The same considerations apply to practicing law in the cloud. In reality, most lawyers already do a substantial amount of work in the cloud via legal research tools. Westlaw’s and Lexis’s legal research tools are quintessential cloud services. The whole point of these tools is that you do not have to have a database of every judicial opinion on your own computer or server and a powerful search engine to search it. Instead, lawyers essentially rent access to Lexis and Westlaw’s databases on a monthly or annual basis and thus outsource the cost of maintaining the database and its search technology. Lawyers have already widely accepted and adopted basic forms of cloud computing like webmail, research tools, and document storage. Yet, however comfortable they are with these forms of cloud computing in their practice, many lawyers still hesitate to utilize other cloud-based services that could transform their practice.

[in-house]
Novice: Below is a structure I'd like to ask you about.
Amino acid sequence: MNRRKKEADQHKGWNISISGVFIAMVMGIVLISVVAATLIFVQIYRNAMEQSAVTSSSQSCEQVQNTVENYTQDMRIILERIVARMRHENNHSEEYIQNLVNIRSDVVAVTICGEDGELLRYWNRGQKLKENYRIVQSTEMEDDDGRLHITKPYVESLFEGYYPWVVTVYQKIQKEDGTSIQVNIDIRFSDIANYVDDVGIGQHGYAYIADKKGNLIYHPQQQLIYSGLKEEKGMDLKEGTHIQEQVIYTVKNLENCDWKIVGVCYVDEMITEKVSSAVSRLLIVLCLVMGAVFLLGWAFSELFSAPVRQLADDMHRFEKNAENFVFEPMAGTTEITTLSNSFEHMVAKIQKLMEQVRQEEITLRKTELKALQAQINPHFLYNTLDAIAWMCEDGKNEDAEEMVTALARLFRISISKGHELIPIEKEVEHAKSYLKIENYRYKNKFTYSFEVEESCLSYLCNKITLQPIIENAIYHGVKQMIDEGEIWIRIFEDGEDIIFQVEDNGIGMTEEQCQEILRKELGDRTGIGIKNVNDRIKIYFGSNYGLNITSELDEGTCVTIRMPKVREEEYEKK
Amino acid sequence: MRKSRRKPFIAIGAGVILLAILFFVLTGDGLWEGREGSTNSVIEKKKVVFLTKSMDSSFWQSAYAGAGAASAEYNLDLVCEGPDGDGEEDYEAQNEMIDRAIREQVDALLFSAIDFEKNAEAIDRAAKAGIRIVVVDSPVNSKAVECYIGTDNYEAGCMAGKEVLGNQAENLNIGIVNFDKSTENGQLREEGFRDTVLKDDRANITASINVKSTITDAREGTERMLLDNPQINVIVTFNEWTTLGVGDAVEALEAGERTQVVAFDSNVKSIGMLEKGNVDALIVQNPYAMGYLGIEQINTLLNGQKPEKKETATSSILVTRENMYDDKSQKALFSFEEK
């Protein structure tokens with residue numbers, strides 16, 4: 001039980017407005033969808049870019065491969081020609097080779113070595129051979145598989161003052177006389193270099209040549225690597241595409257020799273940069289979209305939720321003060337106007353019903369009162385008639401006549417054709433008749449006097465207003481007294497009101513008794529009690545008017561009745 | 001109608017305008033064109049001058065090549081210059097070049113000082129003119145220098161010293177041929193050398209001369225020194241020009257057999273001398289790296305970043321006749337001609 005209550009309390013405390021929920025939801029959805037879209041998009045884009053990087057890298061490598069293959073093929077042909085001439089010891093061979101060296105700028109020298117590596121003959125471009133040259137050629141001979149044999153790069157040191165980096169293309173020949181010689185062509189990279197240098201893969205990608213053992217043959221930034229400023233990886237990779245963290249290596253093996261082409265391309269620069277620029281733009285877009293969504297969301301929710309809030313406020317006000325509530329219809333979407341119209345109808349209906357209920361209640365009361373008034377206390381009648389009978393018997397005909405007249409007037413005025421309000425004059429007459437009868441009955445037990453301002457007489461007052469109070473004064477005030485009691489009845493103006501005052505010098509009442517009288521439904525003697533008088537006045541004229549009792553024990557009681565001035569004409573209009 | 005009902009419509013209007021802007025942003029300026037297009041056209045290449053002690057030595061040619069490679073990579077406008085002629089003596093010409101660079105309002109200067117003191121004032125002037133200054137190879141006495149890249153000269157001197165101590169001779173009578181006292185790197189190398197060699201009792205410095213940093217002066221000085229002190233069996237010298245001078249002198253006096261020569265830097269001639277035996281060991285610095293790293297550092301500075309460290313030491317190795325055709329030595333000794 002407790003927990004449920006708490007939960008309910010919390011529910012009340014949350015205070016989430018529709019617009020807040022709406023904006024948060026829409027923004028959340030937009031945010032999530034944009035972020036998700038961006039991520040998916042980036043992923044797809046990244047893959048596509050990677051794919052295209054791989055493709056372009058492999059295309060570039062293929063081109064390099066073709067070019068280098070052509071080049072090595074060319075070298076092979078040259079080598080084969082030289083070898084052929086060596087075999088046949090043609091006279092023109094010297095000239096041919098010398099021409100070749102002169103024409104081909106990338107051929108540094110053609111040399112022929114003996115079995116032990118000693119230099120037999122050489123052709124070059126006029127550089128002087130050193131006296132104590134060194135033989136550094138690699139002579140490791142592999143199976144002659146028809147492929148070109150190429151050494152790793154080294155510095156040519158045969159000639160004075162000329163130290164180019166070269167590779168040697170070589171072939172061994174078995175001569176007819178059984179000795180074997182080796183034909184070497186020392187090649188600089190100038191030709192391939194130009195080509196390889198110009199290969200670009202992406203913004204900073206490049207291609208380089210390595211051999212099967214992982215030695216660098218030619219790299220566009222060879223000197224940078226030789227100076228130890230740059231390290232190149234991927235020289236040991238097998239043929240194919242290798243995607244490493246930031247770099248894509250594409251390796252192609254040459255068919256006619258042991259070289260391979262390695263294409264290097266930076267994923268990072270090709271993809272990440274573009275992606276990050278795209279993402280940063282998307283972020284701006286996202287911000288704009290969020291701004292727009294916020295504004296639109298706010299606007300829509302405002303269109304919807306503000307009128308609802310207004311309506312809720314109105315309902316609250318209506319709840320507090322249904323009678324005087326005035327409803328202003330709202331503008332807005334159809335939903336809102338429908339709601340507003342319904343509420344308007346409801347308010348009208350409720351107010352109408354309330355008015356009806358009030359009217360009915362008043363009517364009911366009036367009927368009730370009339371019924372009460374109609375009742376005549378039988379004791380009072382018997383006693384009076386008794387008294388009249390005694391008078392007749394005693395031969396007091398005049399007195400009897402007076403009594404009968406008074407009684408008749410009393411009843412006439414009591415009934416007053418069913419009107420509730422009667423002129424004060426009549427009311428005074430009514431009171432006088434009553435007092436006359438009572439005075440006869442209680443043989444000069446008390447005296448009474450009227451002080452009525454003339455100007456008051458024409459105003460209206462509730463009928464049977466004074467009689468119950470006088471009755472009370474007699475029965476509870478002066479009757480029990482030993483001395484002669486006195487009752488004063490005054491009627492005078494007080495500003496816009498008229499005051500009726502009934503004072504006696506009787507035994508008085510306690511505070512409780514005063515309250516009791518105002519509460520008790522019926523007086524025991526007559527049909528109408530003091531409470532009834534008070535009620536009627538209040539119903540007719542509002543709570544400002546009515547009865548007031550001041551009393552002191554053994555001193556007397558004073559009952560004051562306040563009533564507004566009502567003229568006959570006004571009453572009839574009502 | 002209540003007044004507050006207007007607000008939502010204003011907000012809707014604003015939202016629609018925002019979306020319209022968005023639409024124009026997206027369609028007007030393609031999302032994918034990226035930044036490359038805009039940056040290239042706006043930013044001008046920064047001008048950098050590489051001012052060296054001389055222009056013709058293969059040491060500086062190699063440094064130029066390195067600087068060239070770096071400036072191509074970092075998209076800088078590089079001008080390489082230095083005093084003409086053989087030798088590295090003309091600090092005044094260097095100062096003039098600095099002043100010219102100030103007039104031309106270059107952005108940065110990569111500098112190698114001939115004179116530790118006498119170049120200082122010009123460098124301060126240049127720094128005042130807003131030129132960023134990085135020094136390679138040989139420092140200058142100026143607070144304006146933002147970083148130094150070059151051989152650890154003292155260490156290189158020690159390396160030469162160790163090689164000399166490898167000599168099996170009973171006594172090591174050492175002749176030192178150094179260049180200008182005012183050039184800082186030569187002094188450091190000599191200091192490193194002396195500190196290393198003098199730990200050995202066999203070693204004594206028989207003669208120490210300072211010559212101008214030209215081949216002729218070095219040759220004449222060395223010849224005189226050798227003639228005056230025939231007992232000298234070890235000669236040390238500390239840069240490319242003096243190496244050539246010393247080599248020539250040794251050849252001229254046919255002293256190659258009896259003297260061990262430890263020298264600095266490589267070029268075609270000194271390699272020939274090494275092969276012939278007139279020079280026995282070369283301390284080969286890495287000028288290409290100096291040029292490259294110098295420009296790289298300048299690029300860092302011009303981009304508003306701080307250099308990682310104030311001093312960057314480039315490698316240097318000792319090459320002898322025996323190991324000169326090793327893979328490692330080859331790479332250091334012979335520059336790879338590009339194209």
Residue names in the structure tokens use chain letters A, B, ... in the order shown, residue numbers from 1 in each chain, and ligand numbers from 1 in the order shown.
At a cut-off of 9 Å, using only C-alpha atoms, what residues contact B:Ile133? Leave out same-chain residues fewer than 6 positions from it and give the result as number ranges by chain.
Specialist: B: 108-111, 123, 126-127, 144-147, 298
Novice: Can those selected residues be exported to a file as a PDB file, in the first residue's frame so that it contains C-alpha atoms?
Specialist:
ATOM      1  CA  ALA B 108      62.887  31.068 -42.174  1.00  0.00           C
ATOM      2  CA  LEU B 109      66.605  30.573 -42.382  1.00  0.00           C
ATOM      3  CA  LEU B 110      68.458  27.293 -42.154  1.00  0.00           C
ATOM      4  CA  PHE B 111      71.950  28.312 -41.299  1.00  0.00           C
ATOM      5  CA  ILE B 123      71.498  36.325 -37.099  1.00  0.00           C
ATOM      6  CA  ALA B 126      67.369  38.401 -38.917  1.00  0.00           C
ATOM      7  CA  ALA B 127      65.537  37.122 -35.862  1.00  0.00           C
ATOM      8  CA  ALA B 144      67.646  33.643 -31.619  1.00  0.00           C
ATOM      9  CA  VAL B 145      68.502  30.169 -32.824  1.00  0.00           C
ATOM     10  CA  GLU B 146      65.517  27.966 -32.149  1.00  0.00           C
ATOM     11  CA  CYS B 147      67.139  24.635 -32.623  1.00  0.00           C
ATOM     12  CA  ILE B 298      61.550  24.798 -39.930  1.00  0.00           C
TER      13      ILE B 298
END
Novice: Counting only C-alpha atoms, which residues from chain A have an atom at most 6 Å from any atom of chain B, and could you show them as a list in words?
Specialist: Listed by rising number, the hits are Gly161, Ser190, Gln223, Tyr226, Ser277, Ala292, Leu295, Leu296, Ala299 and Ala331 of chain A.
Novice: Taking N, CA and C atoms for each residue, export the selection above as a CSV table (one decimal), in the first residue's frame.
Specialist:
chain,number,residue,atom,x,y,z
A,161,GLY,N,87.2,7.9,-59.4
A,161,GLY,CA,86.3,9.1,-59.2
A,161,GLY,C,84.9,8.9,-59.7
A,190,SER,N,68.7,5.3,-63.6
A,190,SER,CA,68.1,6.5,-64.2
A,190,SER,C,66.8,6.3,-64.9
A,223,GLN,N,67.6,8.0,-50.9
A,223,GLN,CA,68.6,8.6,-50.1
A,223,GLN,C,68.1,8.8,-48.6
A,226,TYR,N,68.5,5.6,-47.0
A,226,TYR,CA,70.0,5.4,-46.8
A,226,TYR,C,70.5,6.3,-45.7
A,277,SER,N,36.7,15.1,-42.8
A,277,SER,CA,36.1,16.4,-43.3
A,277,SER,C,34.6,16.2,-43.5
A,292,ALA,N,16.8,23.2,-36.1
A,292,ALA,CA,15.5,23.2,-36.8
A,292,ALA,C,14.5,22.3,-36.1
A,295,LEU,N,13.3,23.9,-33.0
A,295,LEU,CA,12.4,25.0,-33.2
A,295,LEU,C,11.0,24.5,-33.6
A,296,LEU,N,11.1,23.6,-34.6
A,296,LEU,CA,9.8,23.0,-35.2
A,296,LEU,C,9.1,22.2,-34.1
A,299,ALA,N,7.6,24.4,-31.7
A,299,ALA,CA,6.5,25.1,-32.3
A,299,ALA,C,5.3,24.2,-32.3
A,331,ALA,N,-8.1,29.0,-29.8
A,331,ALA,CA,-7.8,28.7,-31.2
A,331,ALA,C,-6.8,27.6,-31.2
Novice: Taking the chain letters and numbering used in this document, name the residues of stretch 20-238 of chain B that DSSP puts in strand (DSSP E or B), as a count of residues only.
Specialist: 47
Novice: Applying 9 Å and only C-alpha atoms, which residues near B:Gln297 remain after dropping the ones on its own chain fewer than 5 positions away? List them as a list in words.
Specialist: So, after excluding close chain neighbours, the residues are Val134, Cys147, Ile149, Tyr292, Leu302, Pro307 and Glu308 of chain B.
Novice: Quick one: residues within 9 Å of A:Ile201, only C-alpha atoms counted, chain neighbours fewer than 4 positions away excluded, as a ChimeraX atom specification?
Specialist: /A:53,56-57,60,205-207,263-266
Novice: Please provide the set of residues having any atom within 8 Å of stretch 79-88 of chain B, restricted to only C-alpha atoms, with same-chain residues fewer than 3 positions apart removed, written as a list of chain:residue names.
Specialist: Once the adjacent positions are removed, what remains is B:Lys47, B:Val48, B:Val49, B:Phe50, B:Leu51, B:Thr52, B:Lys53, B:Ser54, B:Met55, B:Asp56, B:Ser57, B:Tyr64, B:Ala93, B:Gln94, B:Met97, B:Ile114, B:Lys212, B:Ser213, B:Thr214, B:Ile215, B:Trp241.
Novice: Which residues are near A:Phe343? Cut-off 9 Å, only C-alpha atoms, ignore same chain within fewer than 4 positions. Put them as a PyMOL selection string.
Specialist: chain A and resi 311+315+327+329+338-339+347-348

Some of that stems from a lack of knowledge of what is available. There are many different types of cloud-based software available and each is uniquely useful as a component law office technology (we explore some options our post on Essential Law Office Technology).1 Legal Research, Webmail, and Document Storage & Collaboration services are the most commonly used cloud based services - Westlaw, DropBox, Google Mail, Google Drive - these are all cloud based software systems that ease the research and collaboration process within your firm, with your clients, and in dealing with vendors and opposed parties. Customer Relationship Management (CRM) software allows for tracking your clients from first contact as a prospect through becoming a client. SalesForce, one of the most popular CRM programs, was one of the pioneers of cloud computing and Software as a Service (Saas) - now there are many options, either standalone like SalesForce or Pipedrive, or as part of a package, like with CaseFleet. Video Conferencing and Voice-Over-IP (VOIP) Phone Service through cloud-based services allow for meetings and depositions to take place over video conference rather than in person, saving time and money. Products like Quickbooks and LawPay allow for cloud-based accounting and payment processing for your firm, reducing cost and making the business side of the practice that much easier. There are also more and more Discovery tools available online, as well as a plethora of tools designed specifically for Law Office Practice Management. There are many different options for streamlining your practice by moving aspects of it to the cloud, yet many lawyers seem apprehensive to do so. What’s stopping them?